So, how do we address that problem? Just ask people questions about their lives and jobs. You can start out pretty broad, but it's OK to narrow focus around the industry and problem you are interested in. The idea is that by having casual conversations, you let your potential customer tell you what their problems actually are, not what you assume them to be. By hearing the same problems come up across multiple customer calls (the amount varies), you can build way more confidence in your solution as something people will actually buy. I can't do the entire book justice in this post, so if this idea sounds interesting to you, definitely pick up a copy and read it. (Not a paid promotion, I really just think this book is incredible.)

I took a lot of the advice and strategy of the book to heart and set out on finding contacts. I was able to lean on my network for this a little bit, but I've also had to do some cold outreach via email. Waiting for my network to follow up was just taking too long. My product revolves around the volunteering space and fortunately, the space is huge. There is no shortage of non-profit organizations. I was able to email 7 solid prospects in one morning just by looking at my city's chamber of commerce website.

What I didn't fully take into consideration was how my language might sound to some of those prospects. One of them in particular responded in a way I never expected.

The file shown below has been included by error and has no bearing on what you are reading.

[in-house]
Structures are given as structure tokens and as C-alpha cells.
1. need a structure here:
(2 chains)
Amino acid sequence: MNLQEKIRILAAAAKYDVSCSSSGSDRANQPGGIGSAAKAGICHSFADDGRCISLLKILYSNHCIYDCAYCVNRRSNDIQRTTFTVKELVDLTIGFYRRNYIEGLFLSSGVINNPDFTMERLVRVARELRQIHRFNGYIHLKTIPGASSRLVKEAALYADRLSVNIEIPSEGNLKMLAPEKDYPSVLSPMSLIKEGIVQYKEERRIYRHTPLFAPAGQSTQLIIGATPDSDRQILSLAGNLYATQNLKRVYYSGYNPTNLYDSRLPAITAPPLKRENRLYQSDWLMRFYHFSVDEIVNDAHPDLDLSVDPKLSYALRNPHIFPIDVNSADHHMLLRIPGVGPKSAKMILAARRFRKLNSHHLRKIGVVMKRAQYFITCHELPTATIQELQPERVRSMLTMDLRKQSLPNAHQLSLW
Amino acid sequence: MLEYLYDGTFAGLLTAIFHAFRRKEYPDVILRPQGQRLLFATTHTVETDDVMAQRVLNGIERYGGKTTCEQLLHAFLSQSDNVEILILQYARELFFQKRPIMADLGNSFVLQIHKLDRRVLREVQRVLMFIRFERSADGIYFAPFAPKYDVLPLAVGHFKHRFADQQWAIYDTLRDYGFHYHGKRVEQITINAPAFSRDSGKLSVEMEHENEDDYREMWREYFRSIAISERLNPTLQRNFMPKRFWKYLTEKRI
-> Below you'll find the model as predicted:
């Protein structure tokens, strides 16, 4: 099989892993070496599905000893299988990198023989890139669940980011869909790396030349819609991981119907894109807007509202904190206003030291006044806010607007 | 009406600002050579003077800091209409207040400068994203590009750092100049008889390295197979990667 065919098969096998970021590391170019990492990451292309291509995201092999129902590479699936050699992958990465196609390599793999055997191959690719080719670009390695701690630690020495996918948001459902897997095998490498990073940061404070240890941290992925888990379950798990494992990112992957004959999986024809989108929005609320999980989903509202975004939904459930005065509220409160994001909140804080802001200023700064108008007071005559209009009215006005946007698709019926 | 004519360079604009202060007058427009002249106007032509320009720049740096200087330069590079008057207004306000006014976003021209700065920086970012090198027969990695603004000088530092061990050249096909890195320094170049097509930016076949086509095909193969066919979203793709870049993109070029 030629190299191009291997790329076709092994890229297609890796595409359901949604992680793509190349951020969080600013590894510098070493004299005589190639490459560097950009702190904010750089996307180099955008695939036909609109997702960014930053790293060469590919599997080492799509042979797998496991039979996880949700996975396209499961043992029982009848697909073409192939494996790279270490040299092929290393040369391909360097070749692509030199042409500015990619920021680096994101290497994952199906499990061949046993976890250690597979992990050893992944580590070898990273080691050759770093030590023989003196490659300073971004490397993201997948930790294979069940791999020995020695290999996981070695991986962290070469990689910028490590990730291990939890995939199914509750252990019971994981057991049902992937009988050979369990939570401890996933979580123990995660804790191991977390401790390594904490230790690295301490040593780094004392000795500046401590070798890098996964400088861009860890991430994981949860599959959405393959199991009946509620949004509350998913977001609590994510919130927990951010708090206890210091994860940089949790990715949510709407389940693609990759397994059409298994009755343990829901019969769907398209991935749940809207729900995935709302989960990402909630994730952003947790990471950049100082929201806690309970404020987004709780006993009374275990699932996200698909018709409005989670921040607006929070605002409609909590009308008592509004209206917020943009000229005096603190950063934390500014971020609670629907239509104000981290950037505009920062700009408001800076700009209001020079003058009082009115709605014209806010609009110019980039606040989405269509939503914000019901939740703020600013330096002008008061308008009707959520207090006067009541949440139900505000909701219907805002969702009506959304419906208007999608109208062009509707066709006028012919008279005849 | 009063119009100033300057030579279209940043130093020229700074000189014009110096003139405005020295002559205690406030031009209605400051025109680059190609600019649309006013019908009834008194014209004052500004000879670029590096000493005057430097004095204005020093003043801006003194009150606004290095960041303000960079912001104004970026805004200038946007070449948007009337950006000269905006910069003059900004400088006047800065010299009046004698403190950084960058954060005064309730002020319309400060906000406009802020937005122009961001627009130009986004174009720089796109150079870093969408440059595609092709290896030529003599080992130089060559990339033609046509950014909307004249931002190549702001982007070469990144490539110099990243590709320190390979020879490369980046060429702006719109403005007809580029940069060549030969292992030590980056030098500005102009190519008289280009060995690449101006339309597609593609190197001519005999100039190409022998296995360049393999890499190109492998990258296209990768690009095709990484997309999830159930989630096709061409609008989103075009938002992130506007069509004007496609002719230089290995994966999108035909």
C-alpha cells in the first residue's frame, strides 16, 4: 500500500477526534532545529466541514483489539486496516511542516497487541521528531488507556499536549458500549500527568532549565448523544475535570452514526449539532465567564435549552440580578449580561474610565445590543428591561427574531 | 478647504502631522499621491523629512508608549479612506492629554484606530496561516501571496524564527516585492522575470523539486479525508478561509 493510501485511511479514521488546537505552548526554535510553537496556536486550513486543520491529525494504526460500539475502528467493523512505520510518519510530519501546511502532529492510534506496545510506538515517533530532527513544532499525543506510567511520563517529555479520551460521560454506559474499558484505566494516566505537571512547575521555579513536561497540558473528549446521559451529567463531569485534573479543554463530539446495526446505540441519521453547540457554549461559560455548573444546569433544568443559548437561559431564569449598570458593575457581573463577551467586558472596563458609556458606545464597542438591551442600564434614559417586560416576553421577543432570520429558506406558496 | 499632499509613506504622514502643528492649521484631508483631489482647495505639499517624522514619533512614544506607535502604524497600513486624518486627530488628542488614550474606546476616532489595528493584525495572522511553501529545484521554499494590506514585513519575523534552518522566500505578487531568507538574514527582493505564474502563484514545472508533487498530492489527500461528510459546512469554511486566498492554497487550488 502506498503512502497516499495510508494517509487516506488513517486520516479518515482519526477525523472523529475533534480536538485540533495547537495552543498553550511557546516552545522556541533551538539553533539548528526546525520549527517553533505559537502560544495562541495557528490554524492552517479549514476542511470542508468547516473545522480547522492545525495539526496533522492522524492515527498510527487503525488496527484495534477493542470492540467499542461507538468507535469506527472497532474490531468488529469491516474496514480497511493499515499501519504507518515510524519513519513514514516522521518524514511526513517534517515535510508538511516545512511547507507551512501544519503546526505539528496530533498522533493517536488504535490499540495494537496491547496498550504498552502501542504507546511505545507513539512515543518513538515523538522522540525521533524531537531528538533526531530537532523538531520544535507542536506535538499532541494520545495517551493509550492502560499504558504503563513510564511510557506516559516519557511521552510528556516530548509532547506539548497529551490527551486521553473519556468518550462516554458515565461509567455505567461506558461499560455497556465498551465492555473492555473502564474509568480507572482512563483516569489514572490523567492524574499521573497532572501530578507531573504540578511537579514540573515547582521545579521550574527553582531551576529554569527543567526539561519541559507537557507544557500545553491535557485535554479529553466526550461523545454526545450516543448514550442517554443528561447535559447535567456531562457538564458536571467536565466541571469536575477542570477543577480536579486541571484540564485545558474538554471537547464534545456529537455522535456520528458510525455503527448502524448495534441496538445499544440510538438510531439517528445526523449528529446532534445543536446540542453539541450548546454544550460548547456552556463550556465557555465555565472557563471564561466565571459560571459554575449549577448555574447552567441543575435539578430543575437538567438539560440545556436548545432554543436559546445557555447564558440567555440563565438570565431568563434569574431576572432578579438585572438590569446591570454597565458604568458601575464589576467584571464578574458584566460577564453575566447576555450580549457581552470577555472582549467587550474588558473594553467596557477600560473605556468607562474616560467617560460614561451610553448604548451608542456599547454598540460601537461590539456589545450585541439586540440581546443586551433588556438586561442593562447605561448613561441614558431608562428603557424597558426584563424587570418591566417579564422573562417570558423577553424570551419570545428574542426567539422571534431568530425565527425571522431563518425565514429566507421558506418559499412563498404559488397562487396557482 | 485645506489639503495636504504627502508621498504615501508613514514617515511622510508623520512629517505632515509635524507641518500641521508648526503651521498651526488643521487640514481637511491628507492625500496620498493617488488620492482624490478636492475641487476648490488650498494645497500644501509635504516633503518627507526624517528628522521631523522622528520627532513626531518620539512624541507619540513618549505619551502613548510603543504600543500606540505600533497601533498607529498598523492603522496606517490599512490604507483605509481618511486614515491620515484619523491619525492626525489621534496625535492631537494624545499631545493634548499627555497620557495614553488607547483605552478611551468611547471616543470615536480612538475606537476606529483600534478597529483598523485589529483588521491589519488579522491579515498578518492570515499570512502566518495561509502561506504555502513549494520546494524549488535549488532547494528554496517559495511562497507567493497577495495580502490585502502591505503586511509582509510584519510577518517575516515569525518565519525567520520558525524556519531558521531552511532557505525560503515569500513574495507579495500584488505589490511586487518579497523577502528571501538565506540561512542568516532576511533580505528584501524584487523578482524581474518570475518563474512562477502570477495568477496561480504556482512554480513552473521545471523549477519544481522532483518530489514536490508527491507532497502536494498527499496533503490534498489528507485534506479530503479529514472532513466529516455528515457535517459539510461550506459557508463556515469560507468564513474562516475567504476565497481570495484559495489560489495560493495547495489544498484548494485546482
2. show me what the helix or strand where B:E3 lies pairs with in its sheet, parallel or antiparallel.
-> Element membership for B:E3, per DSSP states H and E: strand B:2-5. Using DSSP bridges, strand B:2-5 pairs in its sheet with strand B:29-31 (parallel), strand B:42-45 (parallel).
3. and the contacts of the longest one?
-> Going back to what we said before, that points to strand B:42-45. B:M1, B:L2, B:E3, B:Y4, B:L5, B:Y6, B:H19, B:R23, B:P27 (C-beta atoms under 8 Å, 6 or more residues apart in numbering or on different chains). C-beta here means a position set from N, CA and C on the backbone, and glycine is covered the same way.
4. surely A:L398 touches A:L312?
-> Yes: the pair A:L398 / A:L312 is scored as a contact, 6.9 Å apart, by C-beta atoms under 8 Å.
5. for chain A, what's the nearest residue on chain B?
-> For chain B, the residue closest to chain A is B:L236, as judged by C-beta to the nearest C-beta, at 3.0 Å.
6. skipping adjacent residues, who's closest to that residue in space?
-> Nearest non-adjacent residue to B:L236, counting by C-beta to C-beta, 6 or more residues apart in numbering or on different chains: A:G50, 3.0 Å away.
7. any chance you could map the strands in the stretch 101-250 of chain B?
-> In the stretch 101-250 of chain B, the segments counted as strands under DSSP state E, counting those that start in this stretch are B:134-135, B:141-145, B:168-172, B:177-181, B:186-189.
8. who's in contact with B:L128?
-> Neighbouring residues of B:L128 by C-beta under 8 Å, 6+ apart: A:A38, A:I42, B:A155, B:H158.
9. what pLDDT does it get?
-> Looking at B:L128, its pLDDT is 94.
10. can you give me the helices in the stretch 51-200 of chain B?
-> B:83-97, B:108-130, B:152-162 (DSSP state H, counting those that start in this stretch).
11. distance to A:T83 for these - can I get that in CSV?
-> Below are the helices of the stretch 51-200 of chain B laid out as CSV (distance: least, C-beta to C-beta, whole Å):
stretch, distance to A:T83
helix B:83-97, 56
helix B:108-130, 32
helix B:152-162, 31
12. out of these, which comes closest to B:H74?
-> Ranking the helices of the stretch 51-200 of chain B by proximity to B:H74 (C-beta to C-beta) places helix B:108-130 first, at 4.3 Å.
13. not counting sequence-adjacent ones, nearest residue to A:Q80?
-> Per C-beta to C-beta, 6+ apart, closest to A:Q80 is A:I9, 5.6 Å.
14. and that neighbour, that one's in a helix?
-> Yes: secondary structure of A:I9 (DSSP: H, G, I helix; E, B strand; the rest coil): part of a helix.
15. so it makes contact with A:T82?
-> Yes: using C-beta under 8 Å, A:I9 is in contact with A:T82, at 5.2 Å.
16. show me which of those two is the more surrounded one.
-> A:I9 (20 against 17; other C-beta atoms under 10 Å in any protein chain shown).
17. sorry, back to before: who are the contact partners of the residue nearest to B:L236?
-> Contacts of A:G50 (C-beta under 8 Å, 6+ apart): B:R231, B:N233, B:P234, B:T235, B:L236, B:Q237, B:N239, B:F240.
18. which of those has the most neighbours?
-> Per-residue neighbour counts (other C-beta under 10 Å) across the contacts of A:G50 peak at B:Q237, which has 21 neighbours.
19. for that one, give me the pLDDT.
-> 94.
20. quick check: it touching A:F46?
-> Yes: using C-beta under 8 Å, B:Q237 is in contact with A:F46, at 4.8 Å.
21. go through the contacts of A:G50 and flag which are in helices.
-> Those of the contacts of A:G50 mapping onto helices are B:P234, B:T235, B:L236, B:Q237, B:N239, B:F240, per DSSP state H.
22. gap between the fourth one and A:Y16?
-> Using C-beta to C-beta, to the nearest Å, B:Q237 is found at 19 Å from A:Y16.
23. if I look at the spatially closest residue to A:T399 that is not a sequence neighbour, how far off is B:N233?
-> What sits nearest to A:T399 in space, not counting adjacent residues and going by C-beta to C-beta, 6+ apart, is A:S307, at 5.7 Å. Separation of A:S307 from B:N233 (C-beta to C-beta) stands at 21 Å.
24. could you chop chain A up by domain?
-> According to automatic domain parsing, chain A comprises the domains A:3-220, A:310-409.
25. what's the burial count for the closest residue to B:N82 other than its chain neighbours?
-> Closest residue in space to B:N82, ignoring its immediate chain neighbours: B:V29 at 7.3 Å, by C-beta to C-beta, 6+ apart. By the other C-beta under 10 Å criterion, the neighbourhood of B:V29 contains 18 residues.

Bitter cold outreach

I actually have no real idea how to approach cold calling, and in what was perhaps an overly enthusiastic email power session one Friday morning, I sent this out to a prospective customer.

Hello [redacted],

My name is Nick and I'm part of a startup program at Iowa State, where I'm doing research on volunteer management and organization. I came across [redacted; org name] and am interested in learning more about your organization and volunteer program - what works for you, and maybe some of the challenges. It seems like [redacted; org name] has a wide range of roles volunteers can fill!

Would a member of your team have 20 or 30 minutes to chat with me over the phone sometime next week? I have nothing to sell, I'm just interested in learning more about how your volunteer program operates.

I really appreciate your time!

Thank you,